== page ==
Guest Blog – Brian J. Jarrett

First, I’d like to thank Armand for graciously allowing me air time in his world and I’ll do my best not to waste any of your time. That said, I’d like to take this wonderful opportunity to tell you a little more about myself and some of my work.

I wrote my first short story in fifth grade, but didn’t really start writing seriously again until high school. I wrote some seriously terrible stuff, moving on to less terrible after getting a few years under my belt. After high school I wrote like crazy while entertaining notions of becoming a professional writer, but I never followed through. I stopped believing in myself and I gave up the dream.

Fast forward to 2010. I discovered the Kindle and learned that others were self-publishing on it. Inspired, I wrote a short story and then went to work on my second book, a viral zombie-apocalypse novel called “Into the Badlands”. Honestly, I never expected it to sell; I was just writing for the love of writing again (and happy to be doing so).

As it turned out the book did sell. Before I knew it I’d sold a couple thousand copies. Since September of last year I’ve sold nearly five thousand copies. The book is typically well-reviewed and sells a consistent four or five hundred copies a month.

After releasing a collection of both old and new short horror stories, I decided to write a new horror novel. I had this idea that had been bouncing around in my head for some time about a recently divorced man who moves to a small town to start his life over again, only to find out the town is bad news (of course). I released that book a couple of weeks ago. It’s called “The Desolate” and I think it’s my best writing to date.

As much as I love supernatural horror, this book just didn’t go that way. But even though the antagonist is very human, he is also very much a monster. At its core it’s a story about accepting who we are and realizing that simply changing the scenery won’t change what’s inside us. The Desolate unflinchingly follows a tortured soul as his paranoia and drinking spiral out of control, until he finally has to face up to some bitter truths. It’s dark, but hey, it’s a horror novel, after all.

Why horror? Because I love it and I think we should write what we love. I grew up on horror, it’s part of my DNA. I enjoy reading about the horrific, the macabre, the dark and the gruesome. When the lights go out, the fun begins.

I think just about all horror novels are thrillers, but certainly all thrillers are not horror. My hope is that with The Desolate I’ve succeeded in mashing up genres to create a horror-thriller. It’s fast-paced with a lot of action and it doesn’t pull any punches.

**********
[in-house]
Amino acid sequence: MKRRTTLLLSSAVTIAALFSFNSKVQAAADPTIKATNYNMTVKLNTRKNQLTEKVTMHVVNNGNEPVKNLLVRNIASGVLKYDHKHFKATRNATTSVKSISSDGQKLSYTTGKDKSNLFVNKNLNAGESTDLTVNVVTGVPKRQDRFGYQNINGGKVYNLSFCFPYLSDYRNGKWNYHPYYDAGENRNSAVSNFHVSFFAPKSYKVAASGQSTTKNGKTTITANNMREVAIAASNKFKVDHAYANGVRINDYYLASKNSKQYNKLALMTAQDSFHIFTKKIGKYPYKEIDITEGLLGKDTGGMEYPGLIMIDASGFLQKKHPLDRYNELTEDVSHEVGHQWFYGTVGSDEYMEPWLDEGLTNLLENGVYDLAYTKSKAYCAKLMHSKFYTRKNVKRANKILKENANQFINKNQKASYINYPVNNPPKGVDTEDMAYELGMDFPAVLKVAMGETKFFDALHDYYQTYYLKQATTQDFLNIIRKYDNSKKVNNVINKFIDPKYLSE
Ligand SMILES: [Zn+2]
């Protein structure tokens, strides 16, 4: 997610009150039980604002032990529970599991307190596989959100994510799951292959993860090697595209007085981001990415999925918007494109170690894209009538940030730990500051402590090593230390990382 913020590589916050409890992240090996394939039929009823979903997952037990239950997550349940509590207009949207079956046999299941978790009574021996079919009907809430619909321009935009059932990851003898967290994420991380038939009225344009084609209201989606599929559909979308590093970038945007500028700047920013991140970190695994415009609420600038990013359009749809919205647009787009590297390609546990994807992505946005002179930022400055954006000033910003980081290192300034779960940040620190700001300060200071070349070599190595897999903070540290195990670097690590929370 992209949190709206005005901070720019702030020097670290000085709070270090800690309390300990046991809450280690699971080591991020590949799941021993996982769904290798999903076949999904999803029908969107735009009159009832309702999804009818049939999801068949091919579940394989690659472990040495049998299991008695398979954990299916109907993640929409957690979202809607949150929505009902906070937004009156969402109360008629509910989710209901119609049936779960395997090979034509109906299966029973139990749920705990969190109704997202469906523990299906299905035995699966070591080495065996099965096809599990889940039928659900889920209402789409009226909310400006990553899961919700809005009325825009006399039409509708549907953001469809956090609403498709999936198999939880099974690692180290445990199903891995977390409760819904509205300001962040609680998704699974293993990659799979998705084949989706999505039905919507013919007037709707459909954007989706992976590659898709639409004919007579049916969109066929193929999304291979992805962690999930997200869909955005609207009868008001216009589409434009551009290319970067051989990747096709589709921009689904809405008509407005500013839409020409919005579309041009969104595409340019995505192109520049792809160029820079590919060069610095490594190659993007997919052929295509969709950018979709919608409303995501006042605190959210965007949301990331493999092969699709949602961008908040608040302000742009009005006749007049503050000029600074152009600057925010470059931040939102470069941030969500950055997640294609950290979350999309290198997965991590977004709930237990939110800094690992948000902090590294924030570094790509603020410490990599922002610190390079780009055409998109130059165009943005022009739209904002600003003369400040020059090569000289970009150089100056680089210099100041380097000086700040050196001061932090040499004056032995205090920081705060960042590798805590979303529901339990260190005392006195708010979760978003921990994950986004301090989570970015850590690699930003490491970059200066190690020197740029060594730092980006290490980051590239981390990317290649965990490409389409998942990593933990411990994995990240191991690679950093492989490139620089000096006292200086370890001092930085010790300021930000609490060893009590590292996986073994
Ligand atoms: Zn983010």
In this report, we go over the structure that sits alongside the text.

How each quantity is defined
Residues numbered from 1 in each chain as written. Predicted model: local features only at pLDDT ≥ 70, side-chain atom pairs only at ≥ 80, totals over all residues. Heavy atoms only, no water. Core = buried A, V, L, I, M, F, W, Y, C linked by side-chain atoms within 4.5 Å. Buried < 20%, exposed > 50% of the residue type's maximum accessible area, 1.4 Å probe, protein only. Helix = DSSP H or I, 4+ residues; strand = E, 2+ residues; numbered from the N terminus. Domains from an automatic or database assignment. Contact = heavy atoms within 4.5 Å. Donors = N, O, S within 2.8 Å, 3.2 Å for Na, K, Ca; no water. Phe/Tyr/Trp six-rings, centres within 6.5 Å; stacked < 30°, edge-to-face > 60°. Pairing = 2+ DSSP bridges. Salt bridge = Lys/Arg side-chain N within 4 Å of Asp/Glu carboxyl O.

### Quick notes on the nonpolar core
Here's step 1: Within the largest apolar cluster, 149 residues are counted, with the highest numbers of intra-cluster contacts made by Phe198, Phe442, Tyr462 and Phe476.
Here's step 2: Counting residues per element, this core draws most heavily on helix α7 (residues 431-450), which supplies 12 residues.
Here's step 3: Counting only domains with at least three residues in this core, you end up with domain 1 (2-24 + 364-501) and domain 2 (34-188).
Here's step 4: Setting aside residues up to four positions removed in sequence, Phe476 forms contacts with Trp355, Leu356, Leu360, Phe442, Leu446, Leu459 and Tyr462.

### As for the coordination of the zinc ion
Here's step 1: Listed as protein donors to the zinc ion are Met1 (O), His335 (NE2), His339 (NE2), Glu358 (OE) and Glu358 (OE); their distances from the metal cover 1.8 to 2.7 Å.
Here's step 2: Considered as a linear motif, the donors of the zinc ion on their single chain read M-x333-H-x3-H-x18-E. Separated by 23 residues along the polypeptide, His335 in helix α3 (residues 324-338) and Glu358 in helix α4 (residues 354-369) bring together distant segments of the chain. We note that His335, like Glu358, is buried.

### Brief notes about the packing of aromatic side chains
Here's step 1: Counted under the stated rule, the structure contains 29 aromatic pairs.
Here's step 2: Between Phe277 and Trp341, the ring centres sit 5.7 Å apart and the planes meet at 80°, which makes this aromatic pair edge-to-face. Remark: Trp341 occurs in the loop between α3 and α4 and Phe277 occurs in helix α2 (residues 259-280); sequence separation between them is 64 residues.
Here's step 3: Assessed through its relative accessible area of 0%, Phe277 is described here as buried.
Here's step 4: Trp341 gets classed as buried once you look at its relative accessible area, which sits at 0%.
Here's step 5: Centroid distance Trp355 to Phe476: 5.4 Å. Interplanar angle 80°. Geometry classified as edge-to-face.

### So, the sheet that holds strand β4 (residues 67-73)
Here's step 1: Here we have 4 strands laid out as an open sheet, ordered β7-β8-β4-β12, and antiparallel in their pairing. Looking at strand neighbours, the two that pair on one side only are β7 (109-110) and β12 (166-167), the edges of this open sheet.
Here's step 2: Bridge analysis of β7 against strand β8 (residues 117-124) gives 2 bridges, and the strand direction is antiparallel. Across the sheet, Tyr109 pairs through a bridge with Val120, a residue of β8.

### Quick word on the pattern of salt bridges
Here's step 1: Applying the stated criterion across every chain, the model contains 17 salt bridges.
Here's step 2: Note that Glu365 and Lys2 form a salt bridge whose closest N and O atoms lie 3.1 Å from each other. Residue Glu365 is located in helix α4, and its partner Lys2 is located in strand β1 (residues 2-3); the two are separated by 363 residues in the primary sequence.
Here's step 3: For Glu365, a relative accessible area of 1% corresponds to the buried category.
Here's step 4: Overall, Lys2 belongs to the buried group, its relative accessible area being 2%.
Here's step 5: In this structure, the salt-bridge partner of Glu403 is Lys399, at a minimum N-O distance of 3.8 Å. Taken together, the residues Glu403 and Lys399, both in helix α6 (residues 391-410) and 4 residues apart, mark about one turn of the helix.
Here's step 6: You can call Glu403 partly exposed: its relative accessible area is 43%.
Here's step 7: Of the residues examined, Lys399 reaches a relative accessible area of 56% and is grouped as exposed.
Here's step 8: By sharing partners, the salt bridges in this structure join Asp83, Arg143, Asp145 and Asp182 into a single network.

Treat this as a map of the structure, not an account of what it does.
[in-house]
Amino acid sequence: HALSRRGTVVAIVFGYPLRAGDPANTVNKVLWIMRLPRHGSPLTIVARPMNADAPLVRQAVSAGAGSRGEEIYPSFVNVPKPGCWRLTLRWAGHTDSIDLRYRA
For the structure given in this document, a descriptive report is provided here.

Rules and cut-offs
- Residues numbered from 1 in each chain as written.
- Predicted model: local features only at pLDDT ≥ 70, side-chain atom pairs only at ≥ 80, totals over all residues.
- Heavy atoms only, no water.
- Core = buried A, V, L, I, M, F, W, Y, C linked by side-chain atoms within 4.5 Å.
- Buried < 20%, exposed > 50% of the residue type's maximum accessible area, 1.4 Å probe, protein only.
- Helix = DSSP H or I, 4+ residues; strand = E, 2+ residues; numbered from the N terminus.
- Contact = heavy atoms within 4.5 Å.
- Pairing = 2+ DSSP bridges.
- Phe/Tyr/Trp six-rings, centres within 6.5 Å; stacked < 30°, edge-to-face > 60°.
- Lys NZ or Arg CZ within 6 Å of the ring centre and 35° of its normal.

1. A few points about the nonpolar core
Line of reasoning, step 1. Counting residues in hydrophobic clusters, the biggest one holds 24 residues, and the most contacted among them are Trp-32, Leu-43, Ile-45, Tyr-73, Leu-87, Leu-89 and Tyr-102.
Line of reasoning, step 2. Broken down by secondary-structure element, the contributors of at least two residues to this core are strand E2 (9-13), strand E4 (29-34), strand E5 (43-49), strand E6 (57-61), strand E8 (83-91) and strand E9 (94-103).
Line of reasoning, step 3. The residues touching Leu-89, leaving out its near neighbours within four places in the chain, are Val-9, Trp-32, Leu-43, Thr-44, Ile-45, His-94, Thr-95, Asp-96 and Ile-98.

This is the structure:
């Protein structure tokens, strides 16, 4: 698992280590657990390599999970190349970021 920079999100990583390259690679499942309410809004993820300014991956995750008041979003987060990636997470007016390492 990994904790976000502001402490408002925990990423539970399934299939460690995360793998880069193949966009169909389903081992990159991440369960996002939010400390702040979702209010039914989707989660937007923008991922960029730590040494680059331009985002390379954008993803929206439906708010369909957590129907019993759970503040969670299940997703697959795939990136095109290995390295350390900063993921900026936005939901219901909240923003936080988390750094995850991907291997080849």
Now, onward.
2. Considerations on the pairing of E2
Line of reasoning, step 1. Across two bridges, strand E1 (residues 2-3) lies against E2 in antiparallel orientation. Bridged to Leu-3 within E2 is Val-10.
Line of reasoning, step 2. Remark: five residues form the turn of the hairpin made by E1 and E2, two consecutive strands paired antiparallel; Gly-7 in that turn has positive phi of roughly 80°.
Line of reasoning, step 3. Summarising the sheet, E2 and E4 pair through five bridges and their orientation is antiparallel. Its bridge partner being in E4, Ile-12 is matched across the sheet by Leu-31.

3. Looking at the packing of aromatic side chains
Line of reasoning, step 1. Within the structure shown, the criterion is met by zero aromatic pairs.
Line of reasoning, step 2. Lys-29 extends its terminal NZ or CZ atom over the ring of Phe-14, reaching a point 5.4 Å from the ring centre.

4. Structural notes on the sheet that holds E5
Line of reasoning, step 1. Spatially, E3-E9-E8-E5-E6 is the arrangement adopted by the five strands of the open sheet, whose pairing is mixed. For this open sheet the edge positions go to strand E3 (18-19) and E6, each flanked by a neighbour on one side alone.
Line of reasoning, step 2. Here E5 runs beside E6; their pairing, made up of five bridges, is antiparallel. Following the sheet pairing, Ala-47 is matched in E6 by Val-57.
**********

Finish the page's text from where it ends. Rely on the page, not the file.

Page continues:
Thanks so much for your time. I hope you have a chance to check out The Desolate and my other books. And read Armand’s books! I just read “Barren” and it’s pretty damn scary.

“The Desolate” on Amazon:
“Into the Badlands” on Amazon:


5 replies to “Guest Blog – Brian J. Jarrett

    1. To me, horror has that something extra, that willingness to go to depths that many thrillers won’t. That said, the fast-paced and driving nature of the thriller makes for a quick and enjoyable read. Mixing those two qualities together seems like a no-brainer.

      Unfortunately I think readers can misunderstand horror and think it’s all just blood and guts. They don’t understand how much it has in common with the crime thrillers they love. In the end, they’re all psychological thrillers, some just darker than others.

      My hope is that writing books like The Desolate will help bridge the gap and bring more thriller readers into the horror genre.

      Great talking with you. Take care.


      1. Thanks a lot. I couldn’t agree with you more. I mean blood and guts is a part of horror, but it is not everything. I will certainly be adding The Desolate to my TBR pile


      2. You’re absolutely right. Good horror is about the psychological effects of fear; the blood and guts are just one tool in a writer’s toolbox. This is much different than torture porn; all the gore, none of the imagination.

        Thanks for the conversation; I love talking with folks who really enjoy horror. If you get a chance to read The Desolate I very much hope you enjoy it.

        Take it easy,


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